To keep inflation at the Fed’s target 2.0%, interest rates have steadily risen from the historic low of practically 0% in December of 2008 to their current 2.37%. This increase is due to the US economy’s growth which was fueled in part by the low interest rates after the housing crisis and recession of 2008. However, the recent trade disputes with China, Mexico and now India have many economists speculating a recession if the United States fails to make an agreement with these respective countries.
To combat the uncertainty and potential damage to US business, economists are arguing that the economy needs an “artificial stimulus” in the form of lowered interest rates by the Federal Reserve. Fed Chair Jerome Powell recently said that the central bank would act “as appropriate” to address risks from the U.S.-China trade war, which thereby leaves possibility for a rate cut. There are even talks that interest rate cuts could be made as early as the third quarter of 2019.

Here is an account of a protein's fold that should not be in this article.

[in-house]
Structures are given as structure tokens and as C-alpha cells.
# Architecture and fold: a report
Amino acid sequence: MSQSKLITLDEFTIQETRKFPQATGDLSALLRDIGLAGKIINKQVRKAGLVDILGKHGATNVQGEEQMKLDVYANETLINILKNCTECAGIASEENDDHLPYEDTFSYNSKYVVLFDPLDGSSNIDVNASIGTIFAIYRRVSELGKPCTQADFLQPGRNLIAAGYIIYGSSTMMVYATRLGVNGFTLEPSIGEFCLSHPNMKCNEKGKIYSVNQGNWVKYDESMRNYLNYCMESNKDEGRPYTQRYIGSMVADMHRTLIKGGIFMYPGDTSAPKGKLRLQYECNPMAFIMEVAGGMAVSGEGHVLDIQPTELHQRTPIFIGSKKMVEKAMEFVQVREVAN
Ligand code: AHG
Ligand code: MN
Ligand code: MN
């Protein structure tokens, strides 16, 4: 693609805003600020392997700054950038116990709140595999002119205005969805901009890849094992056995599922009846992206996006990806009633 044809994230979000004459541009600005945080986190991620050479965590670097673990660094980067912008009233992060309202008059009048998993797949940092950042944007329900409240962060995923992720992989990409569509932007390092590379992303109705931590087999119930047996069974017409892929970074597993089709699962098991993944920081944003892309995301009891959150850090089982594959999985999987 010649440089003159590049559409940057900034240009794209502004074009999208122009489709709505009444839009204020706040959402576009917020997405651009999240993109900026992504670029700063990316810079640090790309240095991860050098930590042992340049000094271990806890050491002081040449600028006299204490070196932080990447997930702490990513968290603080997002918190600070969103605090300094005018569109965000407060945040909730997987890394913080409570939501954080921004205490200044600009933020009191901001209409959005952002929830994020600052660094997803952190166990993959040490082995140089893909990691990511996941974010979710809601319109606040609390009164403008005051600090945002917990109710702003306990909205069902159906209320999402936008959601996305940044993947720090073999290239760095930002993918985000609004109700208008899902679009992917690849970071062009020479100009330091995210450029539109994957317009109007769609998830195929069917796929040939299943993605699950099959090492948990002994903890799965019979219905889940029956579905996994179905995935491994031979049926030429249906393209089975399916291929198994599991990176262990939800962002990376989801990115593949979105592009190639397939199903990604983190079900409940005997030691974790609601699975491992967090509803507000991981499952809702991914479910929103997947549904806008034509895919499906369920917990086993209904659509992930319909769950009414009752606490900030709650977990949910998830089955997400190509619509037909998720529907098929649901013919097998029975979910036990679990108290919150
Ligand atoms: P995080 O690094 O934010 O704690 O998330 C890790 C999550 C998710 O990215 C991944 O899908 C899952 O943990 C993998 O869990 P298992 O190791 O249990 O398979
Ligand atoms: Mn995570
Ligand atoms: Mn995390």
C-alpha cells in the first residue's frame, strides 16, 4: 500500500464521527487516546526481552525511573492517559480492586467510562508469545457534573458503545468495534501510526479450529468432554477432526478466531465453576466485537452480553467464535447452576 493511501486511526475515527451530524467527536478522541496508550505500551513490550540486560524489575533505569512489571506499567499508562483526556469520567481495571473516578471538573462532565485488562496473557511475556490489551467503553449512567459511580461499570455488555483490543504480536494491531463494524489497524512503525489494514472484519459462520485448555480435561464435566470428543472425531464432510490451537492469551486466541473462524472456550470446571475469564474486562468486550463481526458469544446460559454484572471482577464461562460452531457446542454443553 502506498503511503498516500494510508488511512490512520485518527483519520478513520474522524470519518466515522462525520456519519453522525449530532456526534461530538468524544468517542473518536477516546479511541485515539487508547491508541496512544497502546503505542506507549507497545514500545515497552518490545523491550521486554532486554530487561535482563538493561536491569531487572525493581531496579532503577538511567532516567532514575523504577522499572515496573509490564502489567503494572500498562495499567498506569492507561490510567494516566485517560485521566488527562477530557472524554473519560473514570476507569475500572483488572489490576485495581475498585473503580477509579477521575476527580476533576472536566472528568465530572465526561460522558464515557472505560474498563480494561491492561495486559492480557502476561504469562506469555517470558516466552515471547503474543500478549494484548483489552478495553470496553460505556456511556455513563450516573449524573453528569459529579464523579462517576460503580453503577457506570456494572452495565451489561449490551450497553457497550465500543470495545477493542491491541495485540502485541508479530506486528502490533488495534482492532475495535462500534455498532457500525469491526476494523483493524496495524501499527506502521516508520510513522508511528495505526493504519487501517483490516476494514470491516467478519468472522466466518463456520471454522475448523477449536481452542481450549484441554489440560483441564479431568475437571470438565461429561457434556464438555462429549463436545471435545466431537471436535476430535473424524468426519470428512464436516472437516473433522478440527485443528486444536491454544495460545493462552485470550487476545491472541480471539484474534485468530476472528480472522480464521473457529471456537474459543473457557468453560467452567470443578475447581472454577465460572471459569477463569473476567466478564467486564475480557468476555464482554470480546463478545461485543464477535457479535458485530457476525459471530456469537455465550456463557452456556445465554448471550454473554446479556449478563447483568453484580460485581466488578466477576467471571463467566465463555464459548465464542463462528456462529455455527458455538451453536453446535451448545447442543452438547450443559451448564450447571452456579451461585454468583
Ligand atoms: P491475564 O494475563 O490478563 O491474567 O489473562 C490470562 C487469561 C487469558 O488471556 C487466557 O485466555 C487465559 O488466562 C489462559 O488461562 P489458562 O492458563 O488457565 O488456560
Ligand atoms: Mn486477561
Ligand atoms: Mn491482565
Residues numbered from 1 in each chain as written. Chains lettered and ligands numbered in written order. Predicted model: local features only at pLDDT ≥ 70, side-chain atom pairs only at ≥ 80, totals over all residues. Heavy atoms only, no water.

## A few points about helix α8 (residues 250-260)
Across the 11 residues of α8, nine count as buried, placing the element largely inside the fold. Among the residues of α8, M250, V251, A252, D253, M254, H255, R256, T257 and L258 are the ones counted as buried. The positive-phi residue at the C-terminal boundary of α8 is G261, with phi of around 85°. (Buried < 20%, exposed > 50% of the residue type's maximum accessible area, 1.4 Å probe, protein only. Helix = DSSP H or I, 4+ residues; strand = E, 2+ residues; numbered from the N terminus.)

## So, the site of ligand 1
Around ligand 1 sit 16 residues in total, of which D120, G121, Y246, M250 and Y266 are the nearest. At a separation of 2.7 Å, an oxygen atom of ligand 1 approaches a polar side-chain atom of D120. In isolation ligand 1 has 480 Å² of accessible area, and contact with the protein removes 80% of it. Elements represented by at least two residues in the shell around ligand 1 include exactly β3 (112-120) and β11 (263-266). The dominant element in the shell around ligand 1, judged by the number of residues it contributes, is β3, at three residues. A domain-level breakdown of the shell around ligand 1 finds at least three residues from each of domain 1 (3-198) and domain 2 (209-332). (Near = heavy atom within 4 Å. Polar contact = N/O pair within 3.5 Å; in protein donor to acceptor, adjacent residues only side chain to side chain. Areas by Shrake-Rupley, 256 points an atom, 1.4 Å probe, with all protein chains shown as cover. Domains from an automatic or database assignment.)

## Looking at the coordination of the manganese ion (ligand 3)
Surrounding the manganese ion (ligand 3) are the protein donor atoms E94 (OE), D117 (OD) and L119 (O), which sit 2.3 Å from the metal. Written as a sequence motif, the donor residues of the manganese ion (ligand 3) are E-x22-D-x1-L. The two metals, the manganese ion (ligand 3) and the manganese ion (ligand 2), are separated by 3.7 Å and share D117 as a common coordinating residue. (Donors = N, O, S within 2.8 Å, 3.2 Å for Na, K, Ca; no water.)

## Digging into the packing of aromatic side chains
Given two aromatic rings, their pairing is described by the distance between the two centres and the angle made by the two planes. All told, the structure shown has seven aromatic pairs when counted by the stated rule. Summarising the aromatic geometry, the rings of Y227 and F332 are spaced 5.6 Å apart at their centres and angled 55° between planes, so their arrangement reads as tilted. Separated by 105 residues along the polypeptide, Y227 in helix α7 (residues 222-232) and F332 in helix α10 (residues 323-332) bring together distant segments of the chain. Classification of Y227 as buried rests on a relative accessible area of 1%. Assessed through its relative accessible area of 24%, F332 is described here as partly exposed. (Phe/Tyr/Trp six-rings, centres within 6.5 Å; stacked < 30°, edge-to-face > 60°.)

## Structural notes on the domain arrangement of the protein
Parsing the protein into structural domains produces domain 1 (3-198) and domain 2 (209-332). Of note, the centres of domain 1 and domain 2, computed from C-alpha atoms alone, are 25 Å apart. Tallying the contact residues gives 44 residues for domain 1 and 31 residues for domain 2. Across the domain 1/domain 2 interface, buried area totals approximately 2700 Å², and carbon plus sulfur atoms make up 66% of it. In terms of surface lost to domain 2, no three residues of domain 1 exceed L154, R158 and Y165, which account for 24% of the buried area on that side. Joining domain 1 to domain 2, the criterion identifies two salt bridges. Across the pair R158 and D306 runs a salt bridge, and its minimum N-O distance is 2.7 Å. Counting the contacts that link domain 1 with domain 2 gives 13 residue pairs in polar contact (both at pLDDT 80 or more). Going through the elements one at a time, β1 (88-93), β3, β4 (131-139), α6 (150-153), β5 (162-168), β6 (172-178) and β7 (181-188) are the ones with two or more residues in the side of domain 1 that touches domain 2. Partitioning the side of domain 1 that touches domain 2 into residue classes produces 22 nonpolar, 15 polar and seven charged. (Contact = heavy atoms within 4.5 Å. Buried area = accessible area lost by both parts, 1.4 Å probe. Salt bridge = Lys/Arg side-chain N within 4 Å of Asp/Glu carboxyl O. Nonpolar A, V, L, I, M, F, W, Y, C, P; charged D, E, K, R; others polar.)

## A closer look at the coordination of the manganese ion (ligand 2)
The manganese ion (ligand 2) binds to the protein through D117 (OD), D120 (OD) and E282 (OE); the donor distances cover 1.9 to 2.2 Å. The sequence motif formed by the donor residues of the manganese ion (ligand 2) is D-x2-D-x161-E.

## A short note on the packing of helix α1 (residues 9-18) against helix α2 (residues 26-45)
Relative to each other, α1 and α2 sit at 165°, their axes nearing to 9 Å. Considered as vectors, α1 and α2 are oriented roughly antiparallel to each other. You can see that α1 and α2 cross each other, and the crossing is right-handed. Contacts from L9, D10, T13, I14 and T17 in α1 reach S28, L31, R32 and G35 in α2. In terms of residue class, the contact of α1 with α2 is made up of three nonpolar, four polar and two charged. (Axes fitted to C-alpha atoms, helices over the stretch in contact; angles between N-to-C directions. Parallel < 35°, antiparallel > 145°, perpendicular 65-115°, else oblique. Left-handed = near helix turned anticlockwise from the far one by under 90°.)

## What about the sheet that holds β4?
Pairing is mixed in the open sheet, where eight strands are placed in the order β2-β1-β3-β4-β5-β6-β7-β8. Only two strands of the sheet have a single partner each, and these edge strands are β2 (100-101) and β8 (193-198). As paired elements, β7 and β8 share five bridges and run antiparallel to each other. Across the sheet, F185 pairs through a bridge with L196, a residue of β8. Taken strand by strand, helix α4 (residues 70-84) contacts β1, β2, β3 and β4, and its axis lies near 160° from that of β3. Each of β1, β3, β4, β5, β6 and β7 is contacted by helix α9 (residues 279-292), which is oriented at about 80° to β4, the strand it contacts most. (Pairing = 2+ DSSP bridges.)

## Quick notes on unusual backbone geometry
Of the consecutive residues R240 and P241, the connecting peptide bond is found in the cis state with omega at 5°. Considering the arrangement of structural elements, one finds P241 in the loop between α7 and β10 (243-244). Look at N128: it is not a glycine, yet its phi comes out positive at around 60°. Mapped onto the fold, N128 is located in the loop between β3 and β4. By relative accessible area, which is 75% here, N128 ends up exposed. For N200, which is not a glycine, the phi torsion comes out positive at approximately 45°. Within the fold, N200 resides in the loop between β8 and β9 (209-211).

These new lowered rates are expected to be anywhere in the range of 2.0-2.25 percent. Interest rates can significantly affect the cost of financing and mortgage rates which have huge influences on property values. The lowered rates will reduce the cost of funds, hence increasing amount of money circulating. This increased availability of money allows people to invest more money in real estate, influencing the supply and demand for property. The lower rates also mean that banks are able to make loans at higher loan to value ratios, which increases the leveraged cash flow and thus property values. Therefore the decision by the federal reserve later this year has the potential to turn the “lukewarm” housing market into a boiling pot or at least warm the water.